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Predicting Microevolutionary Responses to Directional Selection on Heritable Variation

Peter R. Grant and B. Rosemary Grant
Evolution
Vol. 49, No. 2 (Apr., 1995), pp. 241-251
DOI: 10.2307/2410334
Stable URL: http://www.jstor.org/stable/2410334
Page Count: 11
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Predicting Microevolutionary Responses to Directional Selection on Heritable Variation
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Abstract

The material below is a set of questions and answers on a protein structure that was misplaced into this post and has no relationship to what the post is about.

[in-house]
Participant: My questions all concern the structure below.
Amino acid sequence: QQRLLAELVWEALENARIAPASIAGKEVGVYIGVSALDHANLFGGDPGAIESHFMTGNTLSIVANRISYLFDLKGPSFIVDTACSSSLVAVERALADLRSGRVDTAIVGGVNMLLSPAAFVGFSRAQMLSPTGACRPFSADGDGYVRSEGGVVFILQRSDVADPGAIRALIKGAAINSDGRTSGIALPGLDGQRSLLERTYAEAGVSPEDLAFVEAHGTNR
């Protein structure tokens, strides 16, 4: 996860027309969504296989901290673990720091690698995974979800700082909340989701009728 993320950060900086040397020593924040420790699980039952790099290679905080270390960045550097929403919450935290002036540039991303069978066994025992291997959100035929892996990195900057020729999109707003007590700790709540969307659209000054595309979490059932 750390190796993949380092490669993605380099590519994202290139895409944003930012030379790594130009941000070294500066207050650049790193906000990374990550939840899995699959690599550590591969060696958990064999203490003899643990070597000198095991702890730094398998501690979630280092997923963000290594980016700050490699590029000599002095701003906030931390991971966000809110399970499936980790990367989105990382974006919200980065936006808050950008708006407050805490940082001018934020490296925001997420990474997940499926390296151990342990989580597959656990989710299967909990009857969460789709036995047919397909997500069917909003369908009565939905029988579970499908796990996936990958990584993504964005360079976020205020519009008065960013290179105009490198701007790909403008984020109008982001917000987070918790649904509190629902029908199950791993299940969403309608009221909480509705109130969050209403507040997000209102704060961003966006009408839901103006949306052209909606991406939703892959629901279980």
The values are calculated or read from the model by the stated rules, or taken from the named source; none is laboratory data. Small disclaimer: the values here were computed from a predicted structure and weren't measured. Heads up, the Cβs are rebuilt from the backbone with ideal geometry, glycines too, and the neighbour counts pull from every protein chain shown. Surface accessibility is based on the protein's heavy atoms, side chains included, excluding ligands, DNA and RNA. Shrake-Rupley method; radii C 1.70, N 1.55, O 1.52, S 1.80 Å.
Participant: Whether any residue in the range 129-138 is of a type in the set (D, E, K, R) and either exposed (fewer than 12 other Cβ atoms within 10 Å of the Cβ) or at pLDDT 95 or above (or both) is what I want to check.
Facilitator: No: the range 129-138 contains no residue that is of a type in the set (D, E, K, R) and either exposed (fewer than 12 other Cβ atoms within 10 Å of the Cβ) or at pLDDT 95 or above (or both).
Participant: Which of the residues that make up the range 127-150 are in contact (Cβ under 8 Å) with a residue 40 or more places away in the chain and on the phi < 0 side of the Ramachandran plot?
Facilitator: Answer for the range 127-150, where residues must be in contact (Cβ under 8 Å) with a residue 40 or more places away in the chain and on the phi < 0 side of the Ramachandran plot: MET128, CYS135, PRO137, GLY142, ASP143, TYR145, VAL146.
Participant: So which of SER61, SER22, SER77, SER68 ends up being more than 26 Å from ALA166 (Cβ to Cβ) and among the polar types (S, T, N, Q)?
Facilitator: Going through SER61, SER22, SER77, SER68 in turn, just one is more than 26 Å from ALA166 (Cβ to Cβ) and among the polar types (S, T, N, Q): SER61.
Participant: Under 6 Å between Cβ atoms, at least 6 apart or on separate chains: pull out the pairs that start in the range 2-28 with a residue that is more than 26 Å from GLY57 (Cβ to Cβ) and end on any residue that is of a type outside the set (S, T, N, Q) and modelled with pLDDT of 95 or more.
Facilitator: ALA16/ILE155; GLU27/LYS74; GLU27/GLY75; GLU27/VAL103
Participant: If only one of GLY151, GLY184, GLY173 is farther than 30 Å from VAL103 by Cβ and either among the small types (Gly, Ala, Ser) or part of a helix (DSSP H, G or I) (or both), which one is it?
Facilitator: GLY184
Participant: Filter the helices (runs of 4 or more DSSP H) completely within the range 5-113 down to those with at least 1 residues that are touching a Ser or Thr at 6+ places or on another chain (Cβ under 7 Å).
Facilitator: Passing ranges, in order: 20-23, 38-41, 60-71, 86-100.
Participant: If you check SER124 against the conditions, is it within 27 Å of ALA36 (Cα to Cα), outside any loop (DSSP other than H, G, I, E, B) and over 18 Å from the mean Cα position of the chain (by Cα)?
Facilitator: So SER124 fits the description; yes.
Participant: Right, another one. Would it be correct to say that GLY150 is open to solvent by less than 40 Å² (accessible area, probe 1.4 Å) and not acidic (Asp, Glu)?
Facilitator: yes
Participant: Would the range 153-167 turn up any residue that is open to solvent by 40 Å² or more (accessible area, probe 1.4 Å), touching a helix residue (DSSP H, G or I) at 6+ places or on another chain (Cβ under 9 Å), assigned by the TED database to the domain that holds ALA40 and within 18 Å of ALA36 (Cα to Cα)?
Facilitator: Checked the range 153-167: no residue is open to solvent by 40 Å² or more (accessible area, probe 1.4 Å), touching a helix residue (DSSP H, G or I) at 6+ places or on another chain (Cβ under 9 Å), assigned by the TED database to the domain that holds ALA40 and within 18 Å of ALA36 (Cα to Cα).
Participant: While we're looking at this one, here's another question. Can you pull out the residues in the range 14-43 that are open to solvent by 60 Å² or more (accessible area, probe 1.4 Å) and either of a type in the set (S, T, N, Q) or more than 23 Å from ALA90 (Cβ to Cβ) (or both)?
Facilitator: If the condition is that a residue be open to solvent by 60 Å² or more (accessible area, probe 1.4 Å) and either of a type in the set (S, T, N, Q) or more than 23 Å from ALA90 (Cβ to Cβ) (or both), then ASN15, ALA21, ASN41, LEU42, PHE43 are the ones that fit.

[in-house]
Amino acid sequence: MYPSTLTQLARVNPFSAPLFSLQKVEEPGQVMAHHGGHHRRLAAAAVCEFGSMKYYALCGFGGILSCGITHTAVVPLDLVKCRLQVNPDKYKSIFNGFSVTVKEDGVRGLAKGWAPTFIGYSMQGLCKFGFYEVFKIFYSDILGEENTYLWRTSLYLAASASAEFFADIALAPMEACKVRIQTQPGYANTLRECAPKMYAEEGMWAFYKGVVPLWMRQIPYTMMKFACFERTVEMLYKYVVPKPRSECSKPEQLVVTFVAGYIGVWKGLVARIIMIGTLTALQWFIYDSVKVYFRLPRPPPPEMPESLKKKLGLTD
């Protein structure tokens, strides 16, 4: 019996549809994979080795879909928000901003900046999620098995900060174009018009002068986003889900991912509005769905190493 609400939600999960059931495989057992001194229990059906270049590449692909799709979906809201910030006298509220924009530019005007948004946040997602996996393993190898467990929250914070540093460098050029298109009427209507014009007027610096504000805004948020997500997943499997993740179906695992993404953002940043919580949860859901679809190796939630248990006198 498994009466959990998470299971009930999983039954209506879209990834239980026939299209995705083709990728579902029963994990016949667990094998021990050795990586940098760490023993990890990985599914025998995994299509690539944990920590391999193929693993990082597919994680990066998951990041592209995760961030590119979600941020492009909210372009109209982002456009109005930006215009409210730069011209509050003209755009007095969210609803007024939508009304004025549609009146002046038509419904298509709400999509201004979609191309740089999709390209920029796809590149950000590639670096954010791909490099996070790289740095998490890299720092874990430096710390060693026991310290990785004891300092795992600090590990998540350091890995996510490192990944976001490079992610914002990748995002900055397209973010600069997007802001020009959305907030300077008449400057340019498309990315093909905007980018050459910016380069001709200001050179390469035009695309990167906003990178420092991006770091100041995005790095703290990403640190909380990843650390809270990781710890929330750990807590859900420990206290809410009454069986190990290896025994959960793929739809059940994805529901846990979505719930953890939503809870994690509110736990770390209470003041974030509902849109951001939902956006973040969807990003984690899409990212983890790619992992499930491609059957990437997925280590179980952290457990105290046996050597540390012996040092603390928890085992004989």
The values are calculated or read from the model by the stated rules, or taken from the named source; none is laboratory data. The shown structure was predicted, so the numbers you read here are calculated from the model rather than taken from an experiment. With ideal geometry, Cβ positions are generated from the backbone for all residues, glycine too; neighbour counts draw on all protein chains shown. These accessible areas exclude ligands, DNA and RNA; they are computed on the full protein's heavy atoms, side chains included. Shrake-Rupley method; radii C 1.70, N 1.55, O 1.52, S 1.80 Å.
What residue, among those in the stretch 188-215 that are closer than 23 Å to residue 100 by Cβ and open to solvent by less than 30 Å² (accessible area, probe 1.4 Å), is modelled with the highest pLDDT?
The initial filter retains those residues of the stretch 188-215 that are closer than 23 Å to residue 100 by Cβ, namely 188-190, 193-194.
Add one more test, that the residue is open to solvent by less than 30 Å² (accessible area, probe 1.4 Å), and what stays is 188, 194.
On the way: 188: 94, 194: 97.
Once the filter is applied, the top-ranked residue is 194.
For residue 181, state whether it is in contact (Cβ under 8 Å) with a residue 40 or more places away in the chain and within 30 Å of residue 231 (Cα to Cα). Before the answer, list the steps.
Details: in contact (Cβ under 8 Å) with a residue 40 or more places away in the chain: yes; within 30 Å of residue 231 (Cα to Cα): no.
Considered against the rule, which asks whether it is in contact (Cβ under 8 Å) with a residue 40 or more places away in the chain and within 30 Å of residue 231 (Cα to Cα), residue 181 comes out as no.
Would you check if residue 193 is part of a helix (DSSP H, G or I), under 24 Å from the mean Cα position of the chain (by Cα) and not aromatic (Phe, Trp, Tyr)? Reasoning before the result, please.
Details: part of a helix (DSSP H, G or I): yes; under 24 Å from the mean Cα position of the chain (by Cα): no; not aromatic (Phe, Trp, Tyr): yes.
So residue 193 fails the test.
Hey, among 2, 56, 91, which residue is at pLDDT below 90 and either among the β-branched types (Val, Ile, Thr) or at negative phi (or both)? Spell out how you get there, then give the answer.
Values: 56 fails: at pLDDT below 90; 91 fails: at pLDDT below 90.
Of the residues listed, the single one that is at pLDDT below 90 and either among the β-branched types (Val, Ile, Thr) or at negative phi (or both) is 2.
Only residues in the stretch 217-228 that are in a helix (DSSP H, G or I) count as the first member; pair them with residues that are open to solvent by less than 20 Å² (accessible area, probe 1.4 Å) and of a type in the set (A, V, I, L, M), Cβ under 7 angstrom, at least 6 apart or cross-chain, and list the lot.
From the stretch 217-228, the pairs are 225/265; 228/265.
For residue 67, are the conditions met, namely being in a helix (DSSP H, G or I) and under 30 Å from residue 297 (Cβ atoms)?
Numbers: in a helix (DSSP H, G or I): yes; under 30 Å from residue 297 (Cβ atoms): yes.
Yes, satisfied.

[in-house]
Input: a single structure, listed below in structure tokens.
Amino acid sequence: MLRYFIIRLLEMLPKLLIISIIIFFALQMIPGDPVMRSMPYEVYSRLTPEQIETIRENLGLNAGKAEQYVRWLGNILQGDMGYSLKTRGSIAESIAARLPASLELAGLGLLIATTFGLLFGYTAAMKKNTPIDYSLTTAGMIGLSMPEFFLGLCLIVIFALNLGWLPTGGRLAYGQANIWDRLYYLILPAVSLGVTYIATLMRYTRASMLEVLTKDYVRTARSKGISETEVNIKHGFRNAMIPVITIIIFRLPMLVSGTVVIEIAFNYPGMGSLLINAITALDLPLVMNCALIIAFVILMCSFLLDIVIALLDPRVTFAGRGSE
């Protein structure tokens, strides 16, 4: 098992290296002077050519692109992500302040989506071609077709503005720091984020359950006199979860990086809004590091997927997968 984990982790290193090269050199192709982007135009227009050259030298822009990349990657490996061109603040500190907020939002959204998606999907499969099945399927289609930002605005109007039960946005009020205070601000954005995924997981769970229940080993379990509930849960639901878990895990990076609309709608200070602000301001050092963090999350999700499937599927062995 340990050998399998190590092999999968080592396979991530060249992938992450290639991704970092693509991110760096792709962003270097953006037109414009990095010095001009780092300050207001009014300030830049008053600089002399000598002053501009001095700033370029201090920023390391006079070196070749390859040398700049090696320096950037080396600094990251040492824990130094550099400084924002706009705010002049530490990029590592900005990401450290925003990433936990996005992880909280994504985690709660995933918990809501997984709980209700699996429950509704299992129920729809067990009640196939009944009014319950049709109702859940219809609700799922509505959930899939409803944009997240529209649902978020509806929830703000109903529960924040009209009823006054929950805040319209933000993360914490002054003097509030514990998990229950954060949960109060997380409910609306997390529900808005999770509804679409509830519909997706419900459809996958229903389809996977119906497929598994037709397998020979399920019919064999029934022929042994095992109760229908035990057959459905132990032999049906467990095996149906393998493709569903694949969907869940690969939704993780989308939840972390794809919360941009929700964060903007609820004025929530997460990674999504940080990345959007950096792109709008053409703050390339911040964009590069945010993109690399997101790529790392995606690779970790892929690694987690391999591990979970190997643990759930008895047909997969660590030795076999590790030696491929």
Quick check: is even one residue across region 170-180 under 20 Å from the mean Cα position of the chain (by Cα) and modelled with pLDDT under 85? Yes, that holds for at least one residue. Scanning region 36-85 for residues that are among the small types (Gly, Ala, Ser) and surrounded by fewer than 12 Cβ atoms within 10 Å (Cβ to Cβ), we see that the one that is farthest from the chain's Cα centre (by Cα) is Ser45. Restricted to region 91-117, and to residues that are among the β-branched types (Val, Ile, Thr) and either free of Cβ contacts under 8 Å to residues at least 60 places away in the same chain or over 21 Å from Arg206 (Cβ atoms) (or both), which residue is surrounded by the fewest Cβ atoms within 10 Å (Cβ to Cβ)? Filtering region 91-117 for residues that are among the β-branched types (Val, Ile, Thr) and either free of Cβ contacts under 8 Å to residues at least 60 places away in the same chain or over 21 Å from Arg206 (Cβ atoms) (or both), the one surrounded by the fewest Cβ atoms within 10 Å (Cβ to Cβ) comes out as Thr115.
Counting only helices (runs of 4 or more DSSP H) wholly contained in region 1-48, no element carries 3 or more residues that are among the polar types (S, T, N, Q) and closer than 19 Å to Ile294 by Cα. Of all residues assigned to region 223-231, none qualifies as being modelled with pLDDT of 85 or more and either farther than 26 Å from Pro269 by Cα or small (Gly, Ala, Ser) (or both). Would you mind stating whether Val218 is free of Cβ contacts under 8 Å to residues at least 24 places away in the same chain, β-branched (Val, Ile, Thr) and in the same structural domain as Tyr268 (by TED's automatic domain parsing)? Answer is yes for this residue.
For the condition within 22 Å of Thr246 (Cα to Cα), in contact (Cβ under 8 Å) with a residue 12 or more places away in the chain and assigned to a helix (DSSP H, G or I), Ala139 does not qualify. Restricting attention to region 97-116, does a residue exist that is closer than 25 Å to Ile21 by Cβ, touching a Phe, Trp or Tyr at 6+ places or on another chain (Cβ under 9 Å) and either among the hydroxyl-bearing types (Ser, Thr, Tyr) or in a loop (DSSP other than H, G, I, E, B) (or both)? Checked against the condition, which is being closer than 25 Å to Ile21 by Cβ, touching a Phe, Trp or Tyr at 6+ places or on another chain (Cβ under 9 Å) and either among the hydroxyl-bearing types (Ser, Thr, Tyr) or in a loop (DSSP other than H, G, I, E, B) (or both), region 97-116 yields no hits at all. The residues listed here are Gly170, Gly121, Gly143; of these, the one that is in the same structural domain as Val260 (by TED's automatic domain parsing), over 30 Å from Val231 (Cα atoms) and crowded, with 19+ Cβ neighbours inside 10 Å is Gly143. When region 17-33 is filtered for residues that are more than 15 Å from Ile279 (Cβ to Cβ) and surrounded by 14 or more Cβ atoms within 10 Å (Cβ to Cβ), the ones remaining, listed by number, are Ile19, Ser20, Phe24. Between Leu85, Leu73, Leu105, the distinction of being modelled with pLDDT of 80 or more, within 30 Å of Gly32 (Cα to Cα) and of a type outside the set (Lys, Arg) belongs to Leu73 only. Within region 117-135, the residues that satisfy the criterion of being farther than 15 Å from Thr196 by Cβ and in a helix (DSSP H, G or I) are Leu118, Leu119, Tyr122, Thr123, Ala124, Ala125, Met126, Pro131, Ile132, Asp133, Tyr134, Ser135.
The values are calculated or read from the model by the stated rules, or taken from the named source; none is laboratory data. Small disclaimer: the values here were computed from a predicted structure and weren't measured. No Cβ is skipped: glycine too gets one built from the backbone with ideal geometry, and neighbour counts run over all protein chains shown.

Microevolution of quantitative traits in the wild can be predicted from a knowledge of selection and genetic parameters. Testing the predictions requires measurement of the offspring of the selected group, a requirement that is difficult to meet. We present the results of a study of Darwin's finches on the Galapagos island of Daphne Major where this requirement is met. The study demonstrates microevolutionary consequences of natural selection. The population of medium ground finches, Geospiza fortis, experienced size-selective mortality during a drought in 1976-1977; large birds with deep beaks survived better than small birds. During another drought, 1984-1986, the population experienced selection in the opposite direction on beak traits. Changes in food supply were the apparent causes of selection on beak traits in both episodes. As expected from the high heritabilities of all measured traits, the effects of selection were transmitted to the next generation. Evolutionary responses to both episodes of selection were quantitatively well predicted in general. This allows us to conclude that, to a first approximation, targets of selection were identified correctly, and genetic parameters were correctly estimated. Nevertheless, not all responses of individual traits were equally well predicted. A search for possible reasons for the largest discrepancies revealed evidence of bias caused by environmental effects on growth and adult size of some traits, as well as possible selection on the offspring generation before their measurement. These findings illustrate an important assumption in the study of microevolution: that the environments experienced during growth to maturity by the parental and offspring generations are the same, for otherwise a measured difference between generations may have a partly environmental cause, thereby giving a misleading estimate of the evolutionary response to selection. Simple extrapolations from observed selection to long-term evolution may underestimate the total force of selection involved if it oscillates in direction or acts on the environmental variance.

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